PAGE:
Dad looked at the clock; it was now past six.

"Give the office a ring and ask how long Gert is going to be."

I did. Lee answered, and when I asked, he said they would be at least another half hour, possibly a bit longer. I kept Lee on the line and passed the information to Dad.

"Tell Lee if he's got nothing else on, he can join us for dinner, as well."

I passed Dad's message on, and Lee said he would, a fact I made known to Dad. I then went up to get a shower and change. When I came down, Dad asked me to set the dining-room table. This was a bit of a surprise as there were only five of us and the kitchen table could easily manage six, even do eight at a push. However, I went to carry out Dad's instructions. As I did, Dad called out after me to set the table for six.

"Why six?" I asked when I returned to the kitchen after setting the table.

"I've invited Dr. Chapman to join us for dinner," Dad informed me.

I wondered why. What was so special about this Dr. Chapman. Going up to my room, I switched on my computer and then did a quick check of my emails. There was one from Joseph, just confirming he had his last exam this week and would be coming down on Friday for the weekend. That, at least, was something. I had hardly spoken to Joseph over the last month. We seemed to keep missing each other.

Emails dealt with, I went and did a search for Dr. Joseph Chapman. I was surprised by how little there was to find about him. Yes, he was a fellow at Newton College, having a double-first in biochemistry and history — an odd combination, I thought. He had then gone on to get his Ph.D. and had published a number of works on obscure topics in history, like the development of Carolingian cursive and papyrus manufacture during the late Ptolemaic period. How on earth did you get from Carolingian cursive to papyrus, much less papyrus for a specific period? Then again, how did you get from either of those to British commercial interests during the Opium Wars? It seemed that Dr. Chapman covered a wide range of history.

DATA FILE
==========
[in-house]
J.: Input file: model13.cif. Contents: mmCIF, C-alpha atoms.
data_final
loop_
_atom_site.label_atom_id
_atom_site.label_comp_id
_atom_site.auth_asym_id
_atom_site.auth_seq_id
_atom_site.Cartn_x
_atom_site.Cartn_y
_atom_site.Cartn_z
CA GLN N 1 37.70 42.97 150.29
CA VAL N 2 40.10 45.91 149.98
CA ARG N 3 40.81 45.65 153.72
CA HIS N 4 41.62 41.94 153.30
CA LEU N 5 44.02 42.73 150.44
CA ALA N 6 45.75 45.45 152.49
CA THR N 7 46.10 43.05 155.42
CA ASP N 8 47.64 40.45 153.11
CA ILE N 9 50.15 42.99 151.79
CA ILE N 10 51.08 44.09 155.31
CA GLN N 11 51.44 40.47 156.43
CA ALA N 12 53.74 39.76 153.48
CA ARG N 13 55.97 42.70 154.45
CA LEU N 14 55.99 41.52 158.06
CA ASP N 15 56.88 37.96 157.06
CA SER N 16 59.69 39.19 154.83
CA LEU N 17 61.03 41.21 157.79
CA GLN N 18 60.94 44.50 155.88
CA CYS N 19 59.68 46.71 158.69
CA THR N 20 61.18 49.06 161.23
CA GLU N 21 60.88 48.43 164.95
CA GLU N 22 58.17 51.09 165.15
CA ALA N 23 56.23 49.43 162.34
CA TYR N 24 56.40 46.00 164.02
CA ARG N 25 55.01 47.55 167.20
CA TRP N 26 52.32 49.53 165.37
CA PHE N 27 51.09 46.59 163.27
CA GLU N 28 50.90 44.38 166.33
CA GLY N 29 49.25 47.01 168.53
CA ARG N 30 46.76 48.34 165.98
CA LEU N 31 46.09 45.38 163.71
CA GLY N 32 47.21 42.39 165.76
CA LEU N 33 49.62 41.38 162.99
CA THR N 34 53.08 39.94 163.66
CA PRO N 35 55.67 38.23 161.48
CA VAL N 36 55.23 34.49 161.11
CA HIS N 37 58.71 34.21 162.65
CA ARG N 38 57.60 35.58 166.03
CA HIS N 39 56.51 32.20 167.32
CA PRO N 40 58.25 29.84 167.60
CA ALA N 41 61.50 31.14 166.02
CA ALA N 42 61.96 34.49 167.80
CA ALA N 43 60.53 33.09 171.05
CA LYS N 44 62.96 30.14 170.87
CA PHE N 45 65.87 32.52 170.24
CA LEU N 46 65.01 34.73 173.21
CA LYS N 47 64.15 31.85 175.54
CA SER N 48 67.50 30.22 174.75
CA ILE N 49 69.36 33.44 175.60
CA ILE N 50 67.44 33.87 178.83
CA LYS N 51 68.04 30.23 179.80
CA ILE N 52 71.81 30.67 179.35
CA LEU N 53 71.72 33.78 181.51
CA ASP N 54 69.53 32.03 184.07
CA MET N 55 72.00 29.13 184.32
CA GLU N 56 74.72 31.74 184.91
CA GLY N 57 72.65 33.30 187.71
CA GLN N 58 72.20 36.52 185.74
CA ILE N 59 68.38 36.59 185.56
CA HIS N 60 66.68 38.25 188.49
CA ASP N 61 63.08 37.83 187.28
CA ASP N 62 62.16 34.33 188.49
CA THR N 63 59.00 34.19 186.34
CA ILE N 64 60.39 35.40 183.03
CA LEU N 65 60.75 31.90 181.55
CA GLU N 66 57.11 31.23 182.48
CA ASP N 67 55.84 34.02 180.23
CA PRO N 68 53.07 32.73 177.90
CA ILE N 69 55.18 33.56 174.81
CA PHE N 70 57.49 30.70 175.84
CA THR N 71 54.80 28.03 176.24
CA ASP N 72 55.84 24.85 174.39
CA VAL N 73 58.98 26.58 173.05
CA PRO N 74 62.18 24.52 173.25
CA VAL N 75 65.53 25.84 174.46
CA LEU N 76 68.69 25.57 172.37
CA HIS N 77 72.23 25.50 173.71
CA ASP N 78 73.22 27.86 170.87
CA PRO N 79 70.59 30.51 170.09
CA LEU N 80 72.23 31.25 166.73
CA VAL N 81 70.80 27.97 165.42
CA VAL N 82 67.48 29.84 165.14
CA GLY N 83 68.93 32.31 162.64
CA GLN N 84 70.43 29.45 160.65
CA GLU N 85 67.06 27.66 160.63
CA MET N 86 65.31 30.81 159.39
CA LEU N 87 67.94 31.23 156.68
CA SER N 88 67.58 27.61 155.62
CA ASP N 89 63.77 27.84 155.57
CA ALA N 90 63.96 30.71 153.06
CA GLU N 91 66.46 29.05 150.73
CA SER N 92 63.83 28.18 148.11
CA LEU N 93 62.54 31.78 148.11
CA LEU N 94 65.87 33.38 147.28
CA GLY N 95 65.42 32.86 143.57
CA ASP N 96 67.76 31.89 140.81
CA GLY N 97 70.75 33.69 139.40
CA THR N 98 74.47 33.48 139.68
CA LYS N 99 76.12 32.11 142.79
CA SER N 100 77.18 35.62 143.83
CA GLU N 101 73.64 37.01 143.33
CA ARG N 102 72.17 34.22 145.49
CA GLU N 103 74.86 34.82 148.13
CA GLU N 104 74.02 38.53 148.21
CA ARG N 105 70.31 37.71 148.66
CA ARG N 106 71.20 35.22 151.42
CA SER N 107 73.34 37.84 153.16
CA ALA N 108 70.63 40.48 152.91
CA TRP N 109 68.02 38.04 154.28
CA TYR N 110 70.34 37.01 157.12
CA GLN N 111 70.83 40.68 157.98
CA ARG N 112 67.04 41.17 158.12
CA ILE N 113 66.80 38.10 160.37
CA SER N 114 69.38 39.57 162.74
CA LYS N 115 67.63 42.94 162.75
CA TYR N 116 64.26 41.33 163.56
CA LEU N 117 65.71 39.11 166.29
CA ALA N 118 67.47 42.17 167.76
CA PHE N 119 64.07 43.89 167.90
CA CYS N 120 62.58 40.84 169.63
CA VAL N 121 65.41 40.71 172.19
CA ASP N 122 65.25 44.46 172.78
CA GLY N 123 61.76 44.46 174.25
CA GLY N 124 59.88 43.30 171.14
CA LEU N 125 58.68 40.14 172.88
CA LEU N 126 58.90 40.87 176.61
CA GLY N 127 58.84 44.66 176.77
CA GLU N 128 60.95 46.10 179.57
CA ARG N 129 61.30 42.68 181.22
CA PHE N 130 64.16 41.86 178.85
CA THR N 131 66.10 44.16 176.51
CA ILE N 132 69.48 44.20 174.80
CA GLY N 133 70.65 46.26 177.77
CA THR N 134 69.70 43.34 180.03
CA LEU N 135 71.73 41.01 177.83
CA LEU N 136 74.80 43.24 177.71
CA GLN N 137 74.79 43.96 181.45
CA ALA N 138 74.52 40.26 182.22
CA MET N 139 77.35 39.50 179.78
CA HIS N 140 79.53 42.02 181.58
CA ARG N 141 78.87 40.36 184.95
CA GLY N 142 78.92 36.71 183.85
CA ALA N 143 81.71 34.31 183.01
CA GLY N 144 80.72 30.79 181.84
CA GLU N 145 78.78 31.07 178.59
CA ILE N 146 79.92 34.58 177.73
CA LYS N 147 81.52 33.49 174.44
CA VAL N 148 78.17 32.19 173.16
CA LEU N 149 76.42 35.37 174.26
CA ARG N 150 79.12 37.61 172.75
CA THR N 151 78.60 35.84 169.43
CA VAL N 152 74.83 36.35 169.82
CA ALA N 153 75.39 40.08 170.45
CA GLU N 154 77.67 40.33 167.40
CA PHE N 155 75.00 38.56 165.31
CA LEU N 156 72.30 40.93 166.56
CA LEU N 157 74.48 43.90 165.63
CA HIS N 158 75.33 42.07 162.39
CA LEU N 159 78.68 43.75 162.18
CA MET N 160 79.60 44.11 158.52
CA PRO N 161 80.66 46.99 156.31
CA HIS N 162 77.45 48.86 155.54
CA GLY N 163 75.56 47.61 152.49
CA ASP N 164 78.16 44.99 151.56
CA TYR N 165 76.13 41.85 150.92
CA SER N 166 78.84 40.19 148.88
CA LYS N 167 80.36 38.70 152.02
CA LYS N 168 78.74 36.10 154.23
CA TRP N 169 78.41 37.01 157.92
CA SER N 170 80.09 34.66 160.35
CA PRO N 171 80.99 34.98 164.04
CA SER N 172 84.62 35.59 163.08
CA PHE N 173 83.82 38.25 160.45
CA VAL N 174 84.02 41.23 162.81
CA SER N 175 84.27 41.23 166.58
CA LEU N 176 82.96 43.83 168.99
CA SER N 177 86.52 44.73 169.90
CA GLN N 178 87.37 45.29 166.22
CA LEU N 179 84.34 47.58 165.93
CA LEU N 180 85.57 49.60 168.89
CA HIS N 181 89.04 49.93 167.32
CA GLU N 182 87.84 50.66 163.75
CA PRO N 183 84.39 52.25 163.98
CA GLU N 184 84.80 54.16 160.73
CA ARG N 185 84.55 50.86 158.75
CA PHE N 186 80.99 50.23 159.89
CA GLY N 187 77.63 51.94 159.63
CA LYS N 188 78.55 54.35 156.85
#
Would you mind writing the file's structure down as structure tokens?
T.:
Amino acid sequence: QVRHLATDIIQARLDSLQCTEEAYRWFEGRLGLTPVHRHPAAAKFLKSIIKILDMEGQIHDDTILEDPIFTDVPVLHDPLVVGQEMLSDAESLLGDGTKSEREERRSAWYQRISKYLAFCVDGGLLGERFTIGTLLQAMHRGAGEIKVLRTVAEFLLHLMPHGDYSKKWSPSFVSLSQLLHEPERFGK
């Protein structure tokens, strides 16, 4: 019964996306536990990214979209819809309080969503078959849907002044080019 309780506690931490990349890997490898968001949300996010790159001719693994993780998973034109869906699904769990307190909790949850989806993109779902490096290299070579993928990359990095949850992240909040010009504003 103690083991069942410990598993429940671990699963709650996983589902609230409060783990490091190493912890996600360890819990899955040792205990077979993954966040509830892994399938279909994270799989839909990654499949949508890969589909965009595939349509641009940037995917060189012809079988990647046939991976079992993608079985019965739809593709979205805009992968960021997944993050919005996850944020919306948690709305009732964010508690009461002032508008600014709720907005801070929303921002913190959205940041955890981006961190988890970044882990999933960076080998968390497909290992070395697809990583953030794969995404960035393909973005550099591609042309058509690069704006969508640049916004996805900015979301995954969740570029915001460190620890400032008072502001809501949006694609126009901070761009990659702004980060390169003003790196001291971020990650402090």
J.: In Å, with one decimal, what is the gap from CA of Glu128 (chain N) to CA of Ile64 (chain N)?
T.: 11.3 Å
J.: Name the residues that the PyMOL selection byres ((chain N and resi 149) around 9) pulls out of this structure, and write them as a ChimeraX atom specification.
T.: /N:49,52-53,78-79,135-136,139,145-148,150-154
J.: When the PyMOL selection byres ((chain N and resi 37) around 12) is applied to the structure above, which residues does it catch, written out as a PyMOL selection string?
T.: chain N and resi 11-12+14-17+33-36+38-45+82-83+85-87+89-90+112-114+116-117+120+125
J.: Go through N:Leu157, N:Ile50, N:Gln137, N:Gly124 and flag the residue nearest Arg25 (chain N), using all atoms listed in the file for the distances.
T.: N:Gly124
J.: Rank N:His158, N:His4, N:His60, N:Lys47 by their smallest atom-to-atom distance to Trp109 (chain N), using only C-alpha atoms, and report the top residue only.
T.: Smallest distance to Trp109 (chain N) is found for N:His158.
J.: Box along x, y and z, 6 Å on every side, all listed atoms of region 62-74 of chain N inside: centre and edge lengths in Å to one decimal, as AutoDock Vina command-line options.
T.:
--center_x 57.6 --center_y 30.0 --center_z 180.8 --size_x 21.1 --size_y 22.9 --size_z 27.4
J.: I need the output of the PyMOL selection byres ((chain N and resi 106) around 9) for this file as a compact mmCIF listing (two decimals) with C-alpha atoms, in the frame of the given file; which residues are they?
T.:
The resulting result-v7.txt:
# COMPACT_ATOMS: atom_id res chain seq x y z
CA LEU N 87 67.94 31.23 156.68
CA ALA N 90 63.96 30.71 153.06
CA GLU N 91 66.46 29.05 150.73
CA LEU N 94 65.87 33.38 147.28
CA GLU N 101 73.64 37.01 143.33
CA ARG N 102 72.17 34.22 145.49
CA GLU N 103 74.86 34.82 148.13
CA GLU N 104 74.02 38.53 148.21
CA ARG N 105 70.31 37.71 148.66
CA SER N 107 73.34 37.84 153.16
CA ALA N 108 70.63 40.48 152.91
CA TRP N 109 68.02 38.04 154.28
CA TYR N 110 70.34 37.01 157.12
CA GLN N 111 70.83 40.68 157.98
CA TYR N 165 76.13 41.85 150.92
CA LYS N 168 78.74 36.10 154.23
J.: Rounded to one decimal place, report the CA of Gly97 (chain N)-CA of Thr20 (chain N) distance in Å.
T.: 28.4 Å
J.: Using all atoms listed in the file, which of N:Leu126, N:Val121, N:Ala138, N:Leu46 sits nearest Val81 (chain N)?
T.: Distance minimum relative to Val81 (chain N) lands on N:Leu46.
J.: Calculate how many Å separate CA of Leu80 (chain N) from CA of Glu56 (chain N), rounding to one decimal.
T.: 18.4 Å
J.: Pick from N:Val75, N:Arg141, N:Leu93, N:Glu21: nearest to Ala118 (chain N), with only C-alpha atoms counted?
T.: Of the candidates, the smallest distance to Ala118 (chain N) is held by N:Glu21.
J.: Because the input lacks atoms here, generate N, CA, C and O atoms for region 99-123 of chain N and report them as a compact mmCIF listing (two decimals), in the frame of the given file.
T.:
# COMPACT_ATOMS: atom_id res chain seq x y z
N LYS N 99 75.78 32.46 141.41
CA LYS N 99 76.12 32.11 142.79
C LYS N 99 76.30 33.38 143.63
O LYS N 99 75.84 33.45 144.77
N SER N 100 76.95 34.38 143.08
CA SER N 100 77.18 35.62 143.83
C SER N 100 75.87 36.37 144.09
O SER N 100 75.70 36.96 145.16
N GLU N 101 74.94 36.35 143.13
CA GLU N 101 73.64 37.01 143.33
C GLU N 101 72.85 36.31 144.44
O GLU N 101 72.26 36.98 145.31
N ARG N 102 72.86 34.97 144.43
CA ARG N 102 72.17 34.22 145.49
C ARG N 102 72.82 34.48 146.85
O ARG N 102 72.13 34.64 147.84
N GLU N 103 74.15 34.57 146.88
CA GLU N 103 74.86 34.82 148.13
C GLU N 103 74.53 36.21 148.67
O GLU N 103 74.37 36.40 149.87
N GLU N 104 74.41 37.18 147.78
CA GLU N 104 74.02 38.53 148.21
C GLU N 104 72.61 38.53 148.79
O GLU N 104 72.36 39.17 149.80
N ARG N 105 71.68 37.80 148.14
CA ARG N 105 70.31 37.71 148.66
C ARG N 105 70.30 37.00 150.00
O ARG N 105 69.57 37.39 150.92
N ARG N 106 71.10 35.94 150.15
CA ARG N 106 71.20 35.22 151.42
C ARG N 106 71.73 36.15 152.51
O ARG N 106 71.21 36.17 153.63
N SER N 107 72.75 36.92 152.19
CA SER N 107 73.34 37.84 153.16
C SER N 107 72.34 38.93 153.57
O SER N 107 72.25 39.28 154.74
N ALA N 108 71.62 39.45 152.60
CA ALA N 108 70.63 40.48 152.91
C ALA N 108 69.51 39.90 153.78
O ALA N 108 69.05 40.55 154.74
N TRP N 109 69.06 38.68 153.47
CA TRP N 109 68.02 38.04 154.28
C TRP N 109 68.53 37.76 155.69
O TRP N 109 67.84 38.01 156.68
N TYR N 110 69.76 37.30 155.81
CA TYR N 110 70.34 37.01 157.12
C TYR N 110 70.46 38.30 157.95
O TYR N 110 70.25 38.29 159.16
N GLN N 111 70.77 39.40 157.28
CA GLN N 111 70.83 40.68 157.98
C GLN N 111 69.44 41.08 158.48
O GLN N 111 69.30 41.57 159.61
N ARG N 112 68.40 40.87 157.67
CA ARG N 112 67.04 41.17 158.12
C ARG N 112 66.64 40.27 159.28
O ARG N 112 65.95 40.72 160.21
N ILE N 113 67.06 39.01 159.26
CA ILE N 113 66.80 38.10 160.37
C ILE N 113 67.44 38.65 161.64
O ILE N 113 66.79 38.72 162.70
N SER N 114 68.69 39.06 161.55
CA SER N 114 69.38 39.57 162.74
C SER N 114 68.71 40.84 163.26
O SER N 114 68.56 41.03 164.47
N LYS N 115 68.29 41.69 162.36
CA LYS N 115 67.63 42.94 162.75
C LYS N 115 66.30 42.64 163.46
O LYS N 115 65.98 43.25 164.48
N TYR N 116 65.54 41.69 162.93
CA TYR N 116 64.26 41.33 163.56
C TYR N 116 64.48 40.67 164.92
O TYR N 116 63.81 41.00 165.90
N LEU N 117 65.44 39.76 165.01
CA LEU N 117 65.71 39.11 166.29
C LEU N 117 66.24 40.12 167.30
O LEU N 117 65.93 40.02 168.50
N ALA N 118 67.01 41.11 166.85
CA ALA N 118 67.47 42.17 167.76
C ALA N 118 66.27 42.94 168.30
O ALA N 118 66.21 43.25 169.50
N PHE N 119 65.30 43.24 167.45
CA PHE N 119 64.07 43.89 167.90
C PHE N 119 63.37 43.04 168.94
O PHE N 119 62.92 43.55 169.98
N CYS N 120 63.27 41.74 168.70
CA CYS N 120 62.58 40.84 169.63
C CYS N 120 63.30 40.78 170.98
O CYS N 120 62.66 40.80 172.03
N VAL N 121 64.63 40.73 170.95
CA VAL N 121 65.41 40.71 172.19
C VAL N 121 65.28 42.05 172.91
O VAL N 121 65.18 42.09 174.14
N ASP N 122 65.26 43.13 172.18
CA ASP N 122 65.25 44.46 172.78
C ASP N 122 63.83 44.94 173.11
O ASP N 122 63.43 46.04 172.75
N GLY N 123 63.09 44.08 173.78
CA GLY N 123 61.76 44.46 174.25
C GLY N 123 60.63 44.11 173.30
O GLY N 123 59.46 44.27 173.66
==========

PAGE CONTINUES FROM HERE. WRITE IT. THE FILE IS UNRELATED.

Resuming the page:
Dad called up to me just before seven asking me to give him a hand. I went back down to the kitchen. I had just got there when the front doorbell rang.

"That'll be Dr. Chapman," Dad said. "Can you answer it and take him through to the library? I'll be there in a moment." I went to answer the front door. As I exited the kitchen, Gert and Lee came in through the backdoor. I got to the front door, opened it to find myself facing a strikingly good-looking man. He was tall, well over six foot, with deep brown eyes that caught and held you in their gaze. His white, polo-neck shirt contrasted with the ebony black of his skin. Behind him on the drive was a white Alfa Romeo Spyder, which looked brand new.